The plight of our LSIs

AS A MATTER OF FACT - Sara Soliven De Guzman (The Philippine Star) - September 28, 2020 - 12:00am

LSIs or locally stranded individuals is the term used for “foreign nationals or Filipino citizens in a specific locality within the Philippines who have expressed intention to return to their place of residence/ home origin.” They include Filipino local domestic, factory, service workers, students, local or foreign tourists, individuals stranded in various localities while in transit and other stranded individuals.

Since the lockdown, I have been hearing about the LSIs in the news. The group that interests me most are the domestic, factory and service workers – those who are fully dependent on government assistance. There are some who can afford but they would rather become an LSI because at this point, it is the most practical way of reaching their farflung destination, considering all the COVID-19 response protocols of their destination.

Last week, when I visited my father’s grave in the Libingan ng Mga Bayani, I saw so many tents just outside the gate. There were even more tents inside. At first, I thought they were squatters until I asked the guard. He said they are LSIs waiting for their schedule to be transported to their province. I found out that there are different regional LSIs groups – Cebu, Iloilo, Gensan, Zamboanga, Cagayan, etc. They are scattered in different areas of Metro Manila.

While I was observing them, I saw how crowded they were. Clearly, there was no social distancing happening. What worries me is their sanitation and hygiene. It is truly a haven for disease and viruses to thrive. How I wish they can just all go home right away.  They will get sicker in such conditions.

As of Sept. 25, 2020, the National Task Force Against COVID-19 has reported the following: A total of 360,265 OFWs and OFs have arrived in the country via airplane (323,874) and vessel (36,391). Of these, 300,025 returning overseas Filipinos (ROFs) arrived in Manila, 32,605 arrived in Clark, 26,049 arrived in Cebu and 1,586 arrived in Tawi-Tawi/ Zamboanga. For the period May 3 to Sept. 23, a total of 8,186 ROFs were confirmed to have contracted the virus and sub-task group reported a total of 294,658 registered LSIs. The regions with the greatest number of LSIs are Regions I (46,058), V (42,018), VII (37,157) and MIMAROPA (28,242).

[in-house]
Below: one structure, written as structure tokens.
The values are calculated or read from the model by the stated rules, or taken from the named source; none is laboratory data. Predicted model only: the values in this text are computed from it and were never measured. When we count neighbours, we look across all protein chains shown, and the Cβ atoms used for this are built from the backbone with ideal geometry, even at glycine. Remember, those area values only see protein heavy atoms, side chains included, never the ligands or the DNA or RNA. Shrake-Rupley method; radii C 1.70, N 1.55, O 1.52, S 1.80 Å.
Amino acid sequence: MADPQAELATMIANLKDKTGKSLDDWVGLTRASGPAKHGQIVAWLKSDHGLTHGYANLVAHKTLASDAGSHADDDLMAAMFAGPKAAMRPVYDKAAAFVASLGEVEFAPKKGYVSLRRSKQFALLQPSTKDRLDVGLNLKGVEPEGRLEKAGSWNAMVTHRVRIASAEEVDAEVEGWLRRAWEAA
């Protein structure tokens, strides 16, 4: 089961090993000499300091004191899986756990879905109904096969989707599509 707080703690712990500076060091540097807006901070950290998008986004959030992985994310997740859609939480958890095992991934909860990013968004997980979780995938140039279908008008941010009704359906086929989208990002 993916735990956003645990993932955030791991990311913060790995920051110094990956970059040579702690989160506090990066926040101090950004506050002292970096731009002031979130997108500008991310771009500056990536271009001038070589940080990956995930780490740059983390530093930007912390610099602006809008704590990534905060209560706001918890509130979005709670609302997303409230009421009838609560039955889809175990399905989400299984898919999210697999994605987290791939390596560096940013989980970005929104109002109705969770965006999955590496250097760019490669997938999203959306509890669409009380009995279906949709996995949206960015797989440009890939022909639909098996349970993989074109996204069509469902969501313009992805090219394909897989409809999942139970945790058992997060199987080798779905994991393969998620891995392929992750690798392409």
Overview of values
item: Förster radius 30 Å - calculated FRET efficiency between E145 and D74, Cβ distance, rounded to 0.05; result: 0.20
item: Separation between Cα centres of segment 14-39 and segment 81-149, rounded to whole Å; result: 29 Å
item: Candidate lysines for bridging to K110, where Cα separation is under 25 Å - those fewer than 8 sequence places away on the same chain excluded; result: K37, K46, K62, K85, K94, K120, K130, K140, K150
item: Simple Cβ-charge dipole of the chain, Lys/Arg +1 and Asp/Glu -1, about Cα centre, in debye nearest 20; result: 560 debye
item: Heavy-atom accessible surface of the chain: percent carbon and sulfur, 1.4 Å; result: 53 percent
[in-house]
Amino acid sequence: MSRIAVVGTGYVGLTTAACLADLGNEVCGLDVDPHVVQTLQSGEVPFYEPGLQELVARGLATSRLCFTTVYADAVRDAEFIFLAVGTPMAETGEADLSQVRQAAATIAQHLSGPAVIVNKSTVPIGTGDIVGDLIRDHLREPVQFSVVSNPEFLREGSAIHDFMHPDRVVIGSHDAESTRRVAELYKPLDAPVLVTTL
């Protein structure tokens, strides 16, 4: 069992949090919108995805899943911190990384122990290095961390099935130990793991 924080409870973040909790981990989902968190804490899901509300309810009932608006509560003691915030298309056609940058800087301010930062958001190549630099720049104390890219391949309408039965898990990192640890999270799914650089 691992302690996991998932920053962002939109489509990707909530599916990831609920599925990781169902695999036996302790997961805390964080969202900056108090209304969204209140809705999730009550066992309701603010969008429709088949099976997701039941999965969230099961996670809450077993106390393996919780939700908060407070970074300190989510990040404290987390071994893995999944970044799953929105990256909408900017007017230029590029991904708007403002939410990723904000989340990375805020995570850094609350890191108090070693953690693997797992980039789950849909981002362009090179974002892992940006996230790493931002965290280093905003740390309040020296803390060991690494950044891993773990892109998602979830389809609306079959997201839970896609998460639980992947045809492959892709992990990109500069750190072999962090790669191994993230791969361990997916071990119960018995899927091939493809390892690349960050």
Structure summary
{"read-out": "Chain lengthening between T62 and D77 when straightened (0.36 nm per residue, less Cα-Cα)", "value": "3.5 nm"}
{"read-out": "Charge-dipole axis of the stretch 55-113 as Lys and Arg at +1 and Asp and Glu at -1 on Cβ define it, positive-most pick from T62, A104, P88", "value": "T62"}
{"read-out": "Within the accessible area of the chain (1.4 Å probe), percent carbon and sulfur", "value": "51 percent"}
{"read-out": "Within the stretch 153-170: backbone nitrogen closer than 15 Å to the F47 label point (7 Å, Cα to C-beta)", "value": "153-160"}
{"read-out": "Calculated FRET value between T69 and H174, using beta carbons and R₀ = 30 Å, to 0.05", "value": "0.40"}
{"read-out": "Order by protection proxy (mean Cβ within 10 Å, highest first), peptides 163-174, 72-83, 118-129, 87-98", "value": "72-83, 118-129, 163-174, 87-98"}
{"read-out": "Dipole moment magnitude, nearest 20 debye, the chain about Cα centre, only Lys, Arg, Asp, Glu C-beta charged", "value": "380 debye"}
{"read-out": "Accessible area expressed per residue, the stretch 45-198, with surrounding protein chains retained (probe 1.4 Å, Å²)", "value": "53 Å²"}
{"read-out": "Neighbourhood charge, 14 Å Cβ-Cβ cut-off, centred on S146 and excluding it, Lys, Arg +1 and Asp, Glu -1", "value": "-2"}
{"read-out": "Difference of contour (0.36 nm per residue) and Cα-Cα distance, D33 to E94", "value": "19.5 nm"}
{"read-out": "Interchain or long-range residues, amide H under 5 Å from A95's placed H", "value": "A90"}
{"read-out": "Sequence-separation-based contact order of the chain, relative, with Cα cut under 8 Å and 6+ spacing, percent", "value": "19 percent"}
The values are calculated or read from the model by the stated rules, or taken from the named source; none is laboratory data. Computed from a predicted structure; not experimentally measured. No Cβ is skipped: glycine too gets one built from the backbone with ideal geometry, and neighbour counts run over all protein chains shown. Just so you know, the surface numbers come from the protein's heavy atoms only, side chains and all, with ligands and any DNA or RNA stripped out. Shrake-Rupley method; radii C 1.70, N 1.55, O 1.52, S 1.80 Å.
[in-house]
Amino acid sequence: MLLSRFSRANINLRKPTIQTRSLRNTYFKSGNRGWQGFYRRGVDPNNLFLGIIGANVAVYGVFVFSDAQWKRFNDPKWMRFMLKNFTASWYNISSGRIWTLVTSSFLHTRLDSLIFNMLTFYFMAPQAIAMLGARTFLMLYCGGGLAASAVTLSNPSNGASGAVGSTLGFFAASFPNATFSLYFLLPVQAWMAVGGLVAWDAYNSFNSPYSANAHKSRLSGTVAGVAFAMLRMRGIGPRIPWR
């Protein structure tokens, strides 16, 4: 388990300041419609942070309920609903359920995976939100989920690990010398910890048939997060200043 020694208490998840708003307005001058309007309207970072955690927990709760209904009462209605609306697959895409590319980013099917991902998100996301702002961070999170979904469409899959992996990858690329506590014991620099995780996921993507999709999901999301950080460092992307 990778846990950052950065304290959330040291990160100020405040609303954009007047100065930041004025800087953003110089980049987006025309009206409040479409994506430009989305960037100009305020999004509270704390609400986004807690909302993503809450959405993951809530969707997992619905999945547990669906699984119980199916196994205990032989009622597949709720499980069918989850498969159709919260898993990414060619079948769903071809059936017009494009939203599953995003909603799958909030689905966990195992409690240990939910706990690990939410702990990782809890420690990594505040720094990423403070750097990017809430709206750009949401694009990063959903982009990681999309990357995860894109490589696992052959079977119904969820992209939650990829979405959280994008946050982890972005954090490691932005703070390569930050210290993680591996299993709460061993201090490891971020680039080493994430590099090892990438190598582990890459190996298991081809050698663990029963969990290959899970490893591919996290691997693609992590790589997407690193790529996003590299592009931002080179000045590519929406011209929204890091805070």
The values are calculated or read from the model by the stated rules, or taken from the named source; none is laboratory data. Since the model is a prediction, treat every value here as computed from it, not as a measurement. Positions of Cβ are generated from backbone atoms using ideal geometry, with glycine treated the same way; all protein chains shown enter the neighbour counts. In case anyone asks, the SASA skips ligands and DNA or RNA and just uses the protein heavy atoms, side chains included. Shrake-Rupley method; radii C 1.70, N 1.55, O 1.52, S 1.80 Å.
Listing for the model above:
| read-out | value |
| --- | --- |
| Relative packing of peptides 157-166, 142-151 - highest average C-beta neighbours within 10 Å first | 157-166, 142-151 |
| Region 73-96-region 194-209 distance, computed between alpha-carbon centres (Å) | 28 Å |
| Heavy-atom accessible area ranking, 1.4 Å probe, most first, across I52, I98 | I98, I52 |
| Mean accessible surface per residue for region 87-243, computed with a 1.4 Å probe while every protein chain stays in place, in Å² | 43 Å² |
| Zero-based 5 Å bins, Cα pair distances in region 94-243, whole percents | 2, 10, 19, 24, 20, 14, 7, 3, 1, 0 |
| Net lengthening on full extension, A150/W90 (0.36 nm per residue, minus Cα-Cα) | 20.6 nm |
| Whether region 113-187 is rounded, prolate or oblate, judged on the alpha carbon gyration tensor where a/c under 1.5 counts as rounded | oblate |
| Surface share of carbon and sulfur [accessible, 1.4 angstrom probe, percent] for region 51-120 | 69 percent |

These LSIs are being assisted by the 721 PNP Help Desks established for LSIs and ROFs. OWWA assisted 160,096 OFWs through the Balik Probinsiya Program. A total of 208,152 OFWs were sent back to their respective residences as of Sept. 18, 2020. There are other groups assisting the LSIs aside from the local government units (LGUs) and every day, statistics-data are updated.

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When the entire Luzon was placed on lockdown in mid-March, it banned non-essential travel. On May 13, the government released guidelines on how stranded Filipinos can return home. These guidelines are under Memorandum No. 2020-02 of the National Task Force Against COVID-19 and signed by its chief, Defense Secretary Delfin Lorenzana.

The memorandum is also for ROFs as defined by a corresponding memorandum by the Department of the Interior and Local Government (DILG) issued on May 21. This group includes overseas Filipino workers (OFWs), whether documented or non-documented, non-OFWs who are returning students, J1 visa holders or exchange visitor’s program beneficiaries, returning Filipino diplomats, returning Filipino tourists, participants of Philippine government-sponsored programs and dependents and their accompanying foreign spouses.